Can Monkeys Talk?
While perhaps primates don't speak verbally, they're able to communicate through gestures and sign language. Additionally, several experiments have shown that they can understand spoken language and associate words with objects.
Can monkeys talk? This is one of the most common questions people always ask about primates. Sure, monkeys can’t speak English, but there are other ways we can communicate with primates that might surprise you.
Primates use gestures naturally
In fact, a team of scientists recently proved that two great ape species, the chimpanzee and bonobo, use gestures to communicate, and their gestures share meanings. Some scientists even hypothesized that a chimpanzee could communicate with a bonobo through gestures.
Of course, this finding indicates that primate ancestors used gestures, some of which are probably similar to the ones humans use to communicate. This detail is groundbreaking and shows that the idea of speaking to monkeys and other primates really isn’t so far off.
Sign language, a way of talking with monkeys
After the 1970s, there were still many questions surrounding the origin of human intelligence and language. By this time, we already knew human beings didn’t evolve from monkeys in the literal sense, and that we weren’t the only animal species to use tools.
Shortly after, the currently reigning school of thought took shape: just because monkeys couldn’t speak, didn’t mean they couldn’t communicate. Thus, scientists carried out numerous studies in which they taught these primates American Sign Language (ASL).
The case of Washoe
One of the most famous ASL studies was with Washoe, a female chimpanzee. Psychologists Beatrix and Allen Gardner asked themselves the question, “Can monkeys talk?” and communicated with the young chimp for years exclusively through ASL. Washoe’s case is probably the most revolutionary in supporting sign language as a way of communicating with primates.
While working with psychologists, Washoe learned around 150 words and could communicate perfectly. An interesting finding was that Washoe even signed while asleep, which demonstrated that monkeys have dreams about real-life situations.
Washoe learned how to apologize and express emotions like joy or sadness. She also invented new words to talk about objects, taught the language to another chimpanzee, and even maintained a conversation with it.
Koko and Chantek, other talking monkeys
A similar experiment with the gorilla Koko, who after three decades learned more than 1,500 words, is equally impressive. The big difference in these studies is that chimpanzees become very aggressive during adolescence. Therefore, Koko’s case is one of the longest experiments of its kind, leading to its success.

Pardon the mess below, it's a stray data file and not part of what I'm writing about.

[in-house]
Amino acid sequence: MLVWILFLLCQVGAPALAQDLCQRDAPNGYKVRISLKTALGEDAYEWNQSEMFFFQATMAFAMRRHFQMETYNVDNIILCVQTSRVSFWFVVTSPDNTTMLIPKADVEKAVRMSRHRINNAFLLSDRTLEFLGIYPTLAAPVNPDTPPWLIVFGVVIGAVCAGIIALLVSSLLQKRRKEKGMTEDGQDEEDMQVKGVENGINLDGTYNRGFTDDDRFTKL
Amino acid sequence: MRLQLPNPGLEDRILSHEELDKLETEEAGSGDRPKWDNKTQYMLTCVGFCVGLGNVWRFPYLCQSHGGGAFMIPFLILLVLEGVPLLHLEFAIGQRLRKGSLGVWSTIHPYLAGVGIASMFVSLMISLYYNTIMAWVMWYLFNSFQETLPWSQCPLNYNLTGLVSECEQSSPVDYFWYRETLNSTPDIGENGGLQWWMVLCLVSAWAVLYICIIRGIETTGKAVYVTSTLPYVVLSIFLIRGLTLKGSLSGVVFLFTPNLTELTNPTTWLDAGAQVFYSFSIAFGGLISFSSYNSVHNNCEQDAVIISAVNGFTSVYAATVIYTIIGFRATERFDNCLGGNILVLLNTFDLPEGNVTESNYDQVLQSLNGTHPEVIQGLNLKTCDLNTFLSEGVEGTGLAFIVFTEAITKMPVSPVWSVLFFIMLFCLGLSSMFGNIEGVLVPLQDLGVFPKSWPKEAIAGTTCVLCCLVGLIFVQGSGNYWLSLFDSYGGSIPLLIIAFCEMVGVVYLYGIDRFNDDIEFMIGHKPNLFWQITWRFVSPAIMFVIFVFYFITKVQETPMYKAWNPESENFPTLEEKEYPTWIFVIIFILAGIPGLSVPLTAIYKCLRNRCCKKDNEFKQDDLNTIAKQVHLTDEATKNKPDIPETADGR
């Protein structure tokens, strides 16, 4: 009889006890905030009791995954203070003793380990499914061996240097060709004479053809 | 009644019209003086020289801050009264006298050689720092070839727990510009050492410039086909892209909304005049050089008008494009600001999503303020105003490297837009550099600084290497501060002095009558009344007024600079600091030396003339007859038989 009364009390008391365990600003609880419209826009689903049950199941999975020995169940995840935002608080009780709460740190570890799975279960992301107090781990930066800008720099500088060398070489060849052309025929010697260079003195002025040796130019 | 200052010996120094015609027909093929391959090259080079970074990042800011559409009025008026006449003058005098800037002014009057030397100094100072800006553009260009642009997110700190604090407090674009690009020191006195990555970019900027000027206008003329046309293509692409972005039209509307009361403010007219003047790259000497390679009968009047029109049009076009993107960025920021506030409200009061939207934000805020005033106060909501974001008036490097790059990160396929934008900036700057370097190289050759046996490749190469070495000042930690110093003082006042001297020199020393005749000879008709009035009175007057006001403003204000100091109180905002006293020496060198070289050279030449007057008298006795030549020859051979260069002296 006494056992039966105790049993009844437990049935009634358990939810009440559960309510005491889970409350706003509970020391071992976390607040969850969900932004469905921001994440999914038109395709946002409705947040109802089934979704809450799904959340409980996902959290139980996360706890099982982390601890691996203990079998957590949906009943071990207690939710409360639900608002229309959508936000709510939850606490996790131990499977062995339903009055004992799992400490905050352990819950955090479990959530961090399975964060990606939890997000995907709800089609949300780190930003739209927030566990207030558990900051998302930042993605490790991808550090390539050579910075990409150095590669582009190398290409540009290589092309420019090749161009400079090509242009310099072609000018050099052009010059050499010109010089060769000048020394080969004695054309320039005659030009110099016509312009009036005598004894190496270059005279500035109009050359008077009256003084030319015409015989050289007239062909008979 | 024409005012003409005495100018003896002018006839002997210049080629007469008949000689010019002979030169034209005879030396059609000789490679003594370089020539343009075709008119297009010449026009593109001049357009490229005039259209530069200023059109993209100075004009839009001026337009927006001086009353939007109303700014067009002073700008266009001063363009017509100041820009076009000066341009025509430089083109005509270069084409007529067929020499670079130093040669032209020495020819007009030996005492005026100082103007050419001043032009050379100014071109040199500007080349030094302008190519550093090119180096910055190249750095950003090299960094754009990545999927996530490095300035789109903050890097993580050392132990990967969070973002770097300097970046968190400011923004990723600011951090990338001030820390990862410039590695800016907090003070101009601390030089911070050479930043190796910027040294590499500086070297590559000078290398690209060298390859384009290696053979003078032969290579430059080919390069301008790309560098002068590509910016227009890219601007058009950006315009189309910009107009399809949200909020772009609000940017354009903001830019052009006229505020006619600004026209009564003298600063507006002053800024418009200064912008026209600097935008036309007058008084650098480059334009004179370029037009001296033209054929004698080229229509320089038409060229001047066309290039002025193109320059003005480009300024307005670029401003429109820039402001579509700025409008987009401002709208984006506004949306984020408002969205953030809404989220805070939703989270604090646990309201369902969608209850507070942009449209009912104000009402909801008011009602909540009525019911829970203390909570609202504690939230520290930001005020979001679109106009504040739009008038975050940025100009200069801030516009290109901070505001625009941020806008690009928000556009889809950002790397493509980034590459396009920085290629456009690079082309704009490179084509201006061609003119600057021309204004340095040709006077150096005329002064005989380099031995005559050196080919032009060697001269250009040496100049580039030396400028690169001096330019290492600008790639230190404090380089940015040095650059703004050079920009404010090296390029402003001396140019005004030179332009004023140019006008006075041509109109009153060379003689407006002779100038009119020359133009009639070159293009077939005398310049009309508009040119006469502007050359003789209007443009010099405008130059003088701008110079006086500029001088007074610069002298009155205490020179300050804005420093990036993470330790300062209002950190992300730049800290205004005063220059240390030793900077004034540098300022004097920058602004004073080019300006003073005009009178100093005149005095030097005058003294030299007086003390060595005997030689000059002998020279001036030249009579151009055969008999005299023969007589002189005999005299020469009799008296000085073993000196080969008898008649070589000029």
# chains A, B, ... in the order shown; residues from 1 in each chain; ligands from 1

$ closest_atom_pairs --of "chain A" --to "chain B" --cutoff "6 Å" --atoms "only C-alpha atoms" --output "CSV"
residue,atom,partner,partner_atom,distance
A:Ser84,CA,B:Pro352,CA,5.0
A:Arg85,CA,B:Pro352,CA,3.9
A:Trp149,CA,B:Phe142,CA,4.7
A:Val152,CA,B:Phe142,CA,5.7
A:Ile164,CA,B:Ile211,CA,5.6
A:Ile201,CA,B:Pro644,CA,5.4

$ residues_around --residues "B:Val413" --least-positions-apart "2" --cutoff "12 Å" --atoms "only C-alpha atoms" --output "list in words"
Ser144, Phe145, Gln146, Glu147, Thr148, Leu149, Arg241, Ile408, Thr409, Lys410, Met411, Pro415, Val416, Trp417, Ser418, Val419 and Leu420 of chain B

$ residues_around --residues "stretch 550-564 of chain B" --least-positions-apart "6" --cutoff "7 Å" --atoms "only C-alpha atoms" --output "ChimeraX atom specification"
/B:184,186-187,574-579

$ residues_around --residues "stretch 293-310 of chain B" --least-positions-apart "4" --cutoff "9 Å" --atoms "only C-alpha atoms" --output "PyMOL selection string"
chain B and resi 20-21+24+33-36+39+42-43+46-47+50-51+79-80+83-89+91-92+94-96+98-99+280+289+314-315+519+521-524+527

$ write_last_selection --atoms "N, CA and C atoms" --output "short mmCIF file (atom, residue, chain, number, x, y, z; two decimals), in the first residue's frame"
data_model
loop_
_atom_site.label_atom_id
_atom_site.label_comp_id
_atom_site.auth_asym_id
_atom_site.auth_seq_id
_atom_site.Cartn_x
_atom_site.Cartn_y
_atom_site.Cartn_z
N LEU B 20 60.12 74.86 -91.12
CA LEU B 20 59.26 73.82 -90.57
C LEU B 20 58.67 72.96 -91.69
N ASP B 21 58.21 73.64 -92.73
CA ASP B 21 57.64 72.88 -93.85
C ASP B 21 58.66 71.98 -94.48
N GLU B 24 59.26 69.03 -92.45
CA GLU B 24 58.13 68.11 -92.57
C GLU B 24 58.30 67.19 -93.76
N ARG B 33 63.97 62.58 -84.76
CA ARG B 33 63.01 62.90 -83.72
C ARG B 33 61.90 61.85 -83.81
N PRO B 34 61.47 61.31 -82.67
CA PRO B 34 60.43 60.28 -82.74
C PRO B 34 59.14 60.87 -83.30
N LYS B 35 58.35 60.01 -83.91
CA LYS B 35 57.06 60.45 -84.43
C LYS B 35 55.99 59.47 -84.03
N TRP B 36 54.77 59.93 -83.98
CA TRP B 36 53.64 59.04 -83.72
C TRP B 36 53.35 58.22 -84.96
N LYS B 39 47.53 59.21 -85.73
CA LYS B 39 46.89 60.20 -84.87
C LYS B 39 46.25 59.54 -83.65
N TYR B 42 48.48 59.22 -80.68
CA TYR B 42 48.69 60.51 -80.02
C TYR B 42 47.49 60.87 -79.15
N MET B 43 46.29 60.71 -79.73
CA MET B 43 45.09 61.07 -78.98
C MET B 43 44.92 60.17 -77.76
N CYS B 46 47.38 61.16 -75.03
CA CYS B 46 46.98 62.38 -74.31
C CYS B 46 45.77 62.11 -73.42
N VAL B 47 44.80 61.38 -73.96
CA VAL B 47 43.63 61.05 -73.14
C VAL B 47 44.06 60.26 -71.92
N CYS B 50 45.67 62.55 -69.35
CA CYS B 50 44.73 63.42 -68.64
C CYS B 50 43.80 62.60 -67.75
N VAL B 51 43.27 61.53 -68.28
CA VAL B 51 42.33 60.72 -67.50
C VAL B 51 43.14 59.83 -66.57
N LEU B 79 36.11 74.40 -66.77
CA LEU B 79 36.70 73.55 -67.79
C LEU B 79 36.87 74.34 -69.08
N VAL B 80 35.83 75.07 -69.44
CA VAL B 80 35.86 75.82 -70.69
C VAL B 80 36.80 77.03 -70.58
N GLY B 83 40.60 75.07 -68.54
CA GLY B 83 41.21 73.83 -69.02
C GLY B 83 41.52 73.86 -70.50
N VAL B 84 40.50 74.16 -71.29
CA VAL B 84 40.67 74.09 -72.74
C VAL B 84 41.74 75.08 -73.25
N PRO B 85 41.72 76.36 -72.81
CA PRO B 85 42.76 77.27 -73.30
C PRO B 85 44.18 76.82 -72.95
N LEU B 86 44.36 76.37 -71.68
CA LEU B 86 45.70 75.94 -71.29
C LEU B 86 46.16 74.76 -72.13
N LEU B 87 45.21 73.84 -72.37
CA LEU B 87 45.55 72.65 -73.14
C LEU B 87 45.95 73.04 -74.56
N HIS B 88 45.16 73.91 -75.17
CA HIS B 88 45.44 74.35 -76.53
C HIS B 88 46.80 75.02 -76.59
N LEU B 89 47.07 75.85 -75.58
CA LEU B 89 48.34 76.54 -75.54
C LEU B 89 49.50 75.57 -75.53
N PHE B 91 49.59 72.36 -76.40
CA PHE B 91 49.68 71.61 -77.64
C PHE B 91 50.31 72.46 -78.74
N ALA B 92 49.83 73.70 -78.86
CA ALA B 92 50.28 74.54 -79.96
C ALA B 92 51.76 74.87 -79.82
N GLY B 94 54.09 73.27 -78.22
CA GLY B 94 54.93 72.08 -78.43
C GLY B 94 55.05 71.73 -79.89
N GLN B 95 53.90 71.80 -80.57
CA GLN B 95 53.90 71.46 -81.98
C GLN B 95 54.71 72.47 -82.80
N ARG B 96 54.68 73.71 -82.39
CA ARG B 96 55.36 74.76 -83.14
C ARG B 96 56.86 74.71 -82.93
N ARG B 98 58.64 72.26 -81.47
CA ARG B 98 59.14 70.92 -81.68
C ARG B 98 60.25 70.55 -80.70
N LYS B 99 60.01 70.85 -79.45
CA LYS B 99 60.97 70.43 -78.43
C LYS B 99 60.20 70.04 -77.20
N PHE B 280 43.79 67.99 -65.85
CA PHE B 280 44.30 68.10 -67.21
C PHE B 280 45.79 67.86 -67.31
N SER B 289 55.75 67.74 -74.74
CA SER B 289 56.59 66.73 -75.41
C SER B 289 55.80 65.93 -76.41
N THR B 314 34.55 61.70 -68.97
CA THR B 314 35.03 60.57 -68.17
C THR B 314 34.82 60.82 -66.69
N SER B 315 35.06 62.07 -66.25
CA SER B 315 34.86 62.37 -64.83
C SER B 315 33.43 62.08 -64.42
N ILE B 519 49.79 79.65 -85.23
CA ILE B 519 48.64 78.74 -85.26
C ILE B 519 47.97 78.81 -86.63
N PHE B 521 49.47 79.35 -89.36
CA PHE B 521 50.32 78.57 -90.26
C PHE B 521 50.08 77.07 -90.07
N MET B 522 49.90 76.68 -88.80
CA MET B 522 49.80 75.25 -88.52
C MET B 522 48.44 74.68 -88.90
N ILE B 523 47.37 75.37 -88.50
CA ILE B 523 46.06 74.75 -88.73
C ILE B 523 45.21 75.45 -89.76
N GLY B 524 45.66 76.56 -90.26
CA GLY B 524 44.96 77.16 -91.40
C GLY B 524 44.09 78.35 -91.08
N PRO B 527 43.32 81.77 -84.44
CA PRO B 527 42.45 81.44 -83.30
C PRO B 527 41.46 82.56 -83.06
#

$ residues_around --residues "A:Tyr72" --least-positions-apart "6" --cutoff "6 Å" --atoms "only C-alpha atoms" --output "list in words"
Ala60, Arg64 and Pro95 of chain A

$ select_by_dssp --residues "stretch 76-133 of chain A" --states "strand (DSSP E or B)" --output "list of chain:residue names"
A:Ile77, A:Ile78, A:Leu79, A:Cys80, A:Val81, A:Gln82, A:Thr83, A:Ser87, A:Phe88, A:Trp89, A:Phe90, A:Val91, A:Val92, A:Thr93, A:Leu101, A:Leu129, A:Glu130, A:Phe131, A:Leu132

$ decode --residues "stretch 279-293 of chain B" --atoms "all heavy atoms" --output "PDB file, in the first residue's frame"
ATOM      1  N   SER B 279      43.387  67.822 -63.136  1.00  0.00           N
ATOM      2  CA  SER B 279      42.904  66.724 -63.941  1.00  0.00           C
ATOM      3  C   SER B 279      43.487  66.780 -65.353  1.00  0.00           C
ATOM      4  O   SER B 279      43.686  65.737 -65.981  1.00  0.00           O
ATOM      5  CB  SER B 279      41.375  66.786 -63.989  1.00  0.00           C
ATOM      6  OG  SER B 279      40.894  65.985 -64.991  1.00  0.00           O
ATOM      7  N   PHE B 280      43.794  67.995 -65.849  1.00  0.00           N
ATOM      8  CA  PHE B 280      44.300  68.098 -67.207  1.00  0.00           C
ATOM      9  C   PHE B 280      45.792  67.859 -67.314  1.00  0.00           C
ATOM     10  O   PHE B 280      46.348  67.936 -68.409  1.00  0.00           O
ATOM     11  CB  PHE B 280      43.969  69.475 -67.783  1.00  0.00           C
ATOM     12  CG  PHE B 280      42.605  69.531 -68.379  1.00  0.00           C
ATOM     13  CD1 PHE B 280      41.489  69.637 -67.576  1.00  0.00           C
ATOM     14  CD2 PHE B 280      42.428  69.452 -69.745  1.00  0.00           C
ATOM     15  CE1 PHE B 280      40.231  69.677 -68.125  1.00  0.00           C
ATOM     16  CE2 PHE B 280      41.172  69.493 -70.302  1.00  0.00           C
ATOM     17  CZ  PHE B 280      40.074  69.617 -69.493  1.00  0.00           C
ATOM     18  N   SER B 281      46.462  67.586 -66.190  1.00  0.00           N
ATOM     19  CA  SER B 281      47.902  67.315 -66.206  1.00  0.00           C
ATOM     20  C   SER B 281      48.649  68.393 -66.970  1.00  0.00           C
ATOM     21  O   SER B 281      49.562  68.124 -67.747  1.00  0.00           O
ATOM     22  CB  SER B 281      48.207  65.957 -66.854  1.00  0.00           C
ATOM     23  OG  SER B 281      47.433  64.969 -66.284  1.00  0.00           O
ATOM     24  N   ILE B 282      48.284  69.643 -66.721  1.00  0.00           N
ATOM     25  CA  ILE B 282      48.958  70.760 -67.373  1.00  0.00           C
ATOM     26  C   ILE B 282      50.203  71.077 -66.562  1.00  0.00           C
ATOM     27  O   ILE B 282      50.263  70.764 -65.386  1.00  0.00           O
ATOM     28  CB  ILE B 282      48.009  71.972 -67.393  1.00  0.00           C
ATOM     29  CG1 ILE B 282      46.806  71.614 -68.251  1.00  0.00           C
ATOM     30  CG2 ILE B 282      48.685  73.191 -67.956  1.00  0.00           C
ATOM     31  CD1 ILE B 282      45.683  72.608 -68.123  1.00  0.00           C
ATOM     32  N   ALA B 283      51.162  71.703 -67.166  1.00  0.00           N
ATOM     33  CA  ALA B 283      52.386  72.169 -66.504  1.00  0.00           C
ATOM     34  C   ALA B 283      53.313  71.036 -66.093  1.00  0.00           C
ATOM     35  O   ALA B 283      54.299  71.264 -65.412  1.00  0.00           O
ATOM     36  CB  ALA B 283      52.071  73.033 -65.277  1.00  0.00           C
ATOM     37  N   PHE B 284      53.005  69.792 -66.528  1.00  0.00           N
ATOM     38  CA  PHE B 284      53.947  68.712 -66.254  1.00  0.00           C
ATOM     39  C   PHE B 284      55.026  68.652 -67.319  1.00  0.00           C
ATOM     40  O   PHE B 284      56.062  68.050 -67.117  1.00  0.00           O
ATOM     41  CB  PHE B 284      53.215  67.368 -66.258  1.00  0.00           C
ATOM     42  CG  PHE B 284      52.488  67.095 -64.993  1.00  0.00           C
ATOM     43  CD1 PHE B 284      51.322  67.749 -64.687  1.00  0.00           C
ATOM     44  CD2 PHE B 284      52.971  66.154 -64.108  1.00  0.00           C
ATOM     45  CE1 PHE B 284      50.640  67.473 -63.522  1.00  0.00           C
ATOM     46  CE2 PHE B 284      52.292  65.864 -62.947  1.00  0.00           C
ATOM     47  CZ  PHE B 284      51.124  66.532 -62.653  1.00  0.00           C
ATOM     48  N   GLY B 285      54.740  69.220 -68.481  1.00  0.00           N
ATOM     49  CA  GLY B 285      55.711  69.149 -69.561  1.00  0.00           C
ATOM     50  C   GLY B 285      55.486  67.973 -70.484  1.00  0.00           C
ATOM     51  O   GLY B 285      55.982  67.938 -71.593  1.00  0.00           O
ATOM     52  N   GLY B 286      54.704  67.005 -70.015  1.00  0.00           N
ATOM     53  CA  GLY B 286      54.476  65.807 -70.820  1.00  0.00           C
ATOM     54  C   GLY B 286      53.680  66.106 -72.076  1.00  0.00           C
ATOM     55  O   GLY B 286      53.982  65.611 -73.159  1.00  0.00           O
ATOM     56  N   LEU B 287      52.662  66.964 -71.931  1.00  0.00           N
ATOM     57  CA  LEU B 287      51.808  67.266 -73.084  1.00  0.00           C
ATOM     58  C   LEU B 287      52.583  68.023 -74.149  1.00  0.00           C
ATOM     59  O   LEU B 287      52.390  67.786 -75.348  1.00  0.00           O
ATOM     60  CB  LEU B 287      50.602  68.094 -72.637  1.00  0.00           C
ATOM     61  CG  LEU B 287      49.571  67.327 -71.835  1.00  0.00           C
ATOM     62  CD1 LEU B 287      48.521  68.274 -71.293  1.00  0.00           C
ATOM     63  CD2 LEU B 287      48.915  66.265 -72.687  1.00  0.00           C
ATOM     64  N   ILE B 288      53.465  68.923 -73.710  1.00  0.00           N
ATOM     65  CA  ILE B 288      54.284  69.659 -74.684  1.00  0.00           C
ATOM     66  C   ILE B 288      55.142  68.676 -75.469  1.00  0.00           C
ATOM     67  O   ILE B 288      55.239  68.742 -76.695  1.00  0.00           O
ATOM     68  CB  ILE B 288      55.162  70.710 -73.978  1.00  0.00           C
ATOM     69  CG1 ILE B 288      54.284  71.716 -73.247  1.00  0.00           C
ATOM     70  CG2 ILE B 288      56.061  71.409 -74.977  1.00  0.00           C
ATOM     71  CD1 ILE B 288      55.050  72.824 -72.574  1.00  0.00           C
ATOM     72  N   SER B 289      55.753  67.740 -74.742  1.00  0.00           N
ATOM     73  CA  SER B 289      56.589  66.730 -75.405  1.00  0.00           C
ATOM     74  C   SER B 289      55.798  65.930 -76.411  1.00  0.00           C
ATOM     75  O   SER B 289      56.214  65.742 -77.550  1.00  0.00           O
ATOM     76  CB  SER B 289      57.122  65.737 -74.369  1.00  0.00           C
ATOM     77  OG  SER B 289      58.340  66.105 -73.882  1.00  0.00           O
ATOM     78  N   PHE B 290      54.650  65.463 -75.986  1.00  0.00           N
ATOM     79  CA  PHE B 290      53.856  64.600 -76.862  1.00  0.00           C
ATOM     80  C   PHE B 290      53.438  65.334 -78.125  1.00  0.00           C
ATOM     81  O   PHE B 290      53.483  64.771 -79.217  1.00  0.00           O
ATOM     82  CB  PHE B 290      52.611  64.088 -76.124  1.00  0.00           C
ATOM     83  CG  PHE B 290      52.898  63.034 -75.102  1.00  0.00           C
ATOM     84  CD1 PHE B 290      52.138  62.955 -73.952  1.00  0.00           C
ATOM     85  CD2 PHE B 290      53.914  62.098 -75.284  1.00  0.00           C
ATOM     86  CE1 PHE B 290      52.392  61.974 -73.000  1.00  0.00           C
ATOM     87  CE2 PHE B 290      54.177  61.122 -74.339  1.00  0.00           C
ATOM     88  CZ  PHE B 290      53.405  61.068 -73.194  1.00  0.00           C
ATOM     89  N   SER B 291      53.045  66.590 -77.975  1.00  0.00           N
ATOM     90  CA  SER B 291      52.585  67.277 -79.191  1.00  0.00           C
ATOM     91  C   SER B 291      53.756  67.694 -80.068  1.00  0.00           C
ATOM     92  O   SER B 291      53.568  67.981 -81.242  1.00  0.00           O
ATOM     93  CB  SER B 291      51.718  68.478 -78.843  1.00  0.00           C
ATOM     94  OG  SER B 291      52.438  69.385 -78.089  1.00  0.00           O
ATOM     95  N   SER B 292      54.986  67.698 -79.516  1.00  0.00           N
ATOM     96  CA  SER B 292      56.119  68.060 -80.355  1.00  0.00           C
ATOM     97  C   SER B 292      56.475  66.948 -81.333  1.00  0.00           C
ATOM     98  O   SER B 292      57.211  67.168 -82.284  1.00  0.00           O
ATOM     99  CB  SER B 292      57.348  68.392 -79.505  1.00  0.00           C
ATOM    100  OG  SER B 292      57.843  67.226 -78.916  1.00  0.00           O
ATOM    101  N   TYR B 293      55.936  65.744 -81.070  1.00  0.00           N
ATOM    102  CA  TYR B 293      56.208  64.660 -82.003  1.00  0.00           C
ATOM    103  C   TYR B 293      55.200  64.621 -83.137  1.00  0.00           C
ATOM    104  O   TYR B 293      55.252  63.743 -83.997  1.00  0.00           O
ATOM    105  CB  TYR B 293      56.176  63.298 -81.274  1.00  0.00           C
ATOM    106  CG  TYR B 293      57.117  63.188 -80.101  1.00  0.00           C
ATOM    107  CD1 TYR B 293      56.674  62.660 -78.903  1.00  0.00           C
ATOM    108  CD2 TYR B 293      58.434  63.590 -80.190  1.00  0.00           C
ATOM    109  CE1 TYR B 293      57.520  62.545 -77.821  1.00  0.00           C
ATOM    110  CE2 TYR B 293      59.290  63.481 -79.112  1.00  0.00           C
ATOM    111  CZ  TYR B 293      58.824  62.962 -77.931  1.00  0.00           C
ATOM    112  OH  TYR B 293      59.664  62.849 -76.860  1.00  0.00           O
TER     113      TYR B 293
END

Similar to other cases, Koko understands spoken English and responds with sign language. She can also recognize herself in a mirror and express emotions.
Chantek, a big inventor of words, is another one of the most famous cases. Like other primates in similar experiments, researchers raised this orangutan like a human child.
Lexigrams, another way to talk to primates
Other scientists have carried out experiments with methods of communication outside of sign language, like lexigrams. A study with the chimpanzee Lana was incredible, as she was able to connect grammar sequences and invent new words.
Lexigrams are symbols that represent words and allow the user to give meaning to an image without needing a concrete language. Using screens, animals can select the lexigram of their choosing.
During the 1980s, researchers began a project with Kanzi, a bonobo that learned how to use lexigrams from her mother. As it turns out, Kanzi not only created words, but also built tools, made carvings and instruments, and was quite skilled in mathematics. Thus, the answer to the main question here – can monkeys talk? – is a resounding yes.
The ethics of communication experiments with monkeys
While it’s true that these types of experiments have allowed us to make remarkable findings, it’s important to ask ourselves if this type of research is ethical. Keeping a monkey as a pet isn’t a good idea and experts have proven time and again that it’s detrimental to the animal’s mental and physical health. Similarly, raising a primate specifically to teach them a language is also harmful.
In order for the primates to be docile and learn easily, they’re separated from their mothers at a young age. Additionally, being raised by humans makes it nearly impossible for them to be reintroduced to their species after the experiment ends.
In particular, chimpanzees become increasingly more aggressive as they get older, therefore the experiments we mentioned above had to end when the animal was around six years old.
Some of the animals who were the subjects of similar research have experienced some of the worst of human behavior. An example of this is Nim, a chimpanzee similar to Washoe, who was sold to be the subject of invasive animal testing and died from a heart attack at 26 years old.
On the other hand, some primates like Koko lived with all the comforts human life has to offer. However, given the opportunity, perhaps these animals would have chosen to live with their kind in the wild.
So, the next time you hear the question, “Can monkeys talk?” you’ll be able to share what you learned here about this controversial topic. While these experiments have provided us with fascinating insights into primate communication, it’s important to remember they were done at a high cost to the subjects.